(Dir: Steve McQueen, 2011)
It can be exciting watching a film by a first time director who shows a certain level of skill and personality that sets their work apart from most other new directors. But what happens when it comes to their next film, can they live up to the previous work or will they fall into the 'sophomore slump'? Enter Steve McQueen. His debut feature, Hunger, about the IRA hunger strikes in 1981, was a stunning piece of work. A difficult, challenging film that at times seemingly blurred the line between the visual arts and traditional filmmaking, as McQueen drew on his background as a video artist to create something fresh and visceral. So how do you follow that? The answer is with Shame.
Shame is a film about addiction and it’s debilitating effects on a life. It’s about sex addiction, an addiction with seemingly less public awareness and also less coverage in film than the more popular alcohol or drug addictions. In many ways McQueen’s style is ideal for a film covering this subject, as he manages to make both New York and the life of Brandon (Michael Fassbender) seem impersonal and desolate, whilst ensuring the many sex scenes are cold, calculated and desperate, lacking the standard idealised Hollywood glow of carnality.
The acting throughout is excellent. Fassbender brings a naked rawness to the role, like in Hunger, that is all too believable. He seems trapped by his disease into acting out these impulses and forced desires - he can’t help it as this is the only way to tame what is inside him. Full credit must go the McQueen and his co-writer Abi Morgan for not giving us a back-story and a reason as to why Brandon has come to be like this. The reasons are unimportant, what matters is that this is how things are and he is heading down a negative path towards more desperate situations and a greater, potentially destructive, emotional void. This is all vividly brought to life on screen by Fassbender's perfectly judged performance.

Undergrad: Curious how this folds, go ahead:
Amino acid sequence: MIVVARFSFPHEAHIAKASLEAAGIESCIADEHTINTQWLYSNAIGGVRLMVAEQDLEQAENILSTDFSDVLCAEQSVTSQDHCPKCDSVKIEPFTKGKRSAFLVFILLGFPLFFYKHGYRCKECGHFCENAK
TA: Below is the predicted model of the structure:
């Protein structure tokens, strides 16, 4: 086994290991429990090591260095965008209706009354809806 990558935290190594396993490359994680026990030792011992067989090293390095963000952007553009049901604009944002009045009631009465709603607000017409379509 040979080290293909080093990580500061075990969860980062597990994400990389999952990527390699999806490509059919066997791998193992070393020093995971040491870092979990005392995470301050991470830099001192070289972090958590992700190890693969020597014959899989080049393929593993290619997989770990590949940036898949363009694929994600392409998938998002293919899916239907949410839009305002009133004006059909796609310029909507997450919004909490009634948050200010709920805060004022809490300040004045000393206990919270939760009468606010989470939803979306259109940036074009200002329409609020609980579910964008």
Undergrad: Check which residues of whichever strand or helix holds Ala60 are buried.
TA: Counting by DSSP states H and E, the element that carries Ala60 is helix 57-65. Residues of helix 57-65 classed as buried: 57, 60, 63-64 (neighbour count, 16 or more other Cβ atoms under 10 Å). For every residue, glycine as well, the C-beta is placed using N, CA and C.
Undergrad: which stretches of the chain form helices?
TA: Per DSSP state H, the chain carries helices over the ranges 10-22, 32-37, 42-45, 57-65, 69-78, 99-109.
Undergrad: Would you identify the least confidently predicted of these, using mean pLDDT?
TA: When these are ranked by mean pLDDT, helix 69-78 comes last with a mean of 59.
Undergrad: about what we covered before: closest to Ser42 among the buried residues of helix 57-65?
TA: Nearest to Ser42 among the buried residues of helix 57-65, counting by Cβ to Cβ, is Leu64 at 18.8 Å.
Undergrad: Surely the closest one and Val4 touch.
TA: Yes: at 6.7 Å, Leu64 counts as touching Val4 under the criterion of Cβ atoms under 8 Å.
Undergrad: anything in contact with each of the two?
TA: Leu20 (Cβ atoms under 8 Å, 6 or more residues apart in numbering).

Carey Mulligan continues to impress as Sissy, Brandon’s sister, who is strongly burdened by her own issues and has a deeply fractured relationship with her brother. There is a brilliant scene where, on stage, she sings a scintillatingly slow cover of New York, New York, through which she conveys all manner of deeply hidden emotions. The camera lingers, unmoving, on a continuous close-up of her face, singing, for at least half the song, before cutting away to show Brandon's reaction. It’s a masterful scene, aided by Mulligan’s impressive voice.
Throughout the film McQueen shows how adept he is at placing his camera. There are many scenes with long takes. No cuts away, no insert shots. This adds to the realism and helps make his films so compelling to watch. He has something interesting to say visually in an unconventional way and he knows how to use this tool to the benefit of the story.
Shame is a very dark, very cold film and its challenging and explicit nature makes sure that it's not a film for everyone. I was reminded somewhat of David Cronenberg’s Crash and its cold, detached view on sex, that if you scratch the surface of, reveals many hidden depths and holds a certain power over the viewer. I suspect Shame will offer something similar with repeat viewings, as even after watching it a first time it has a lingering power. Put simply, Shame is fantastic.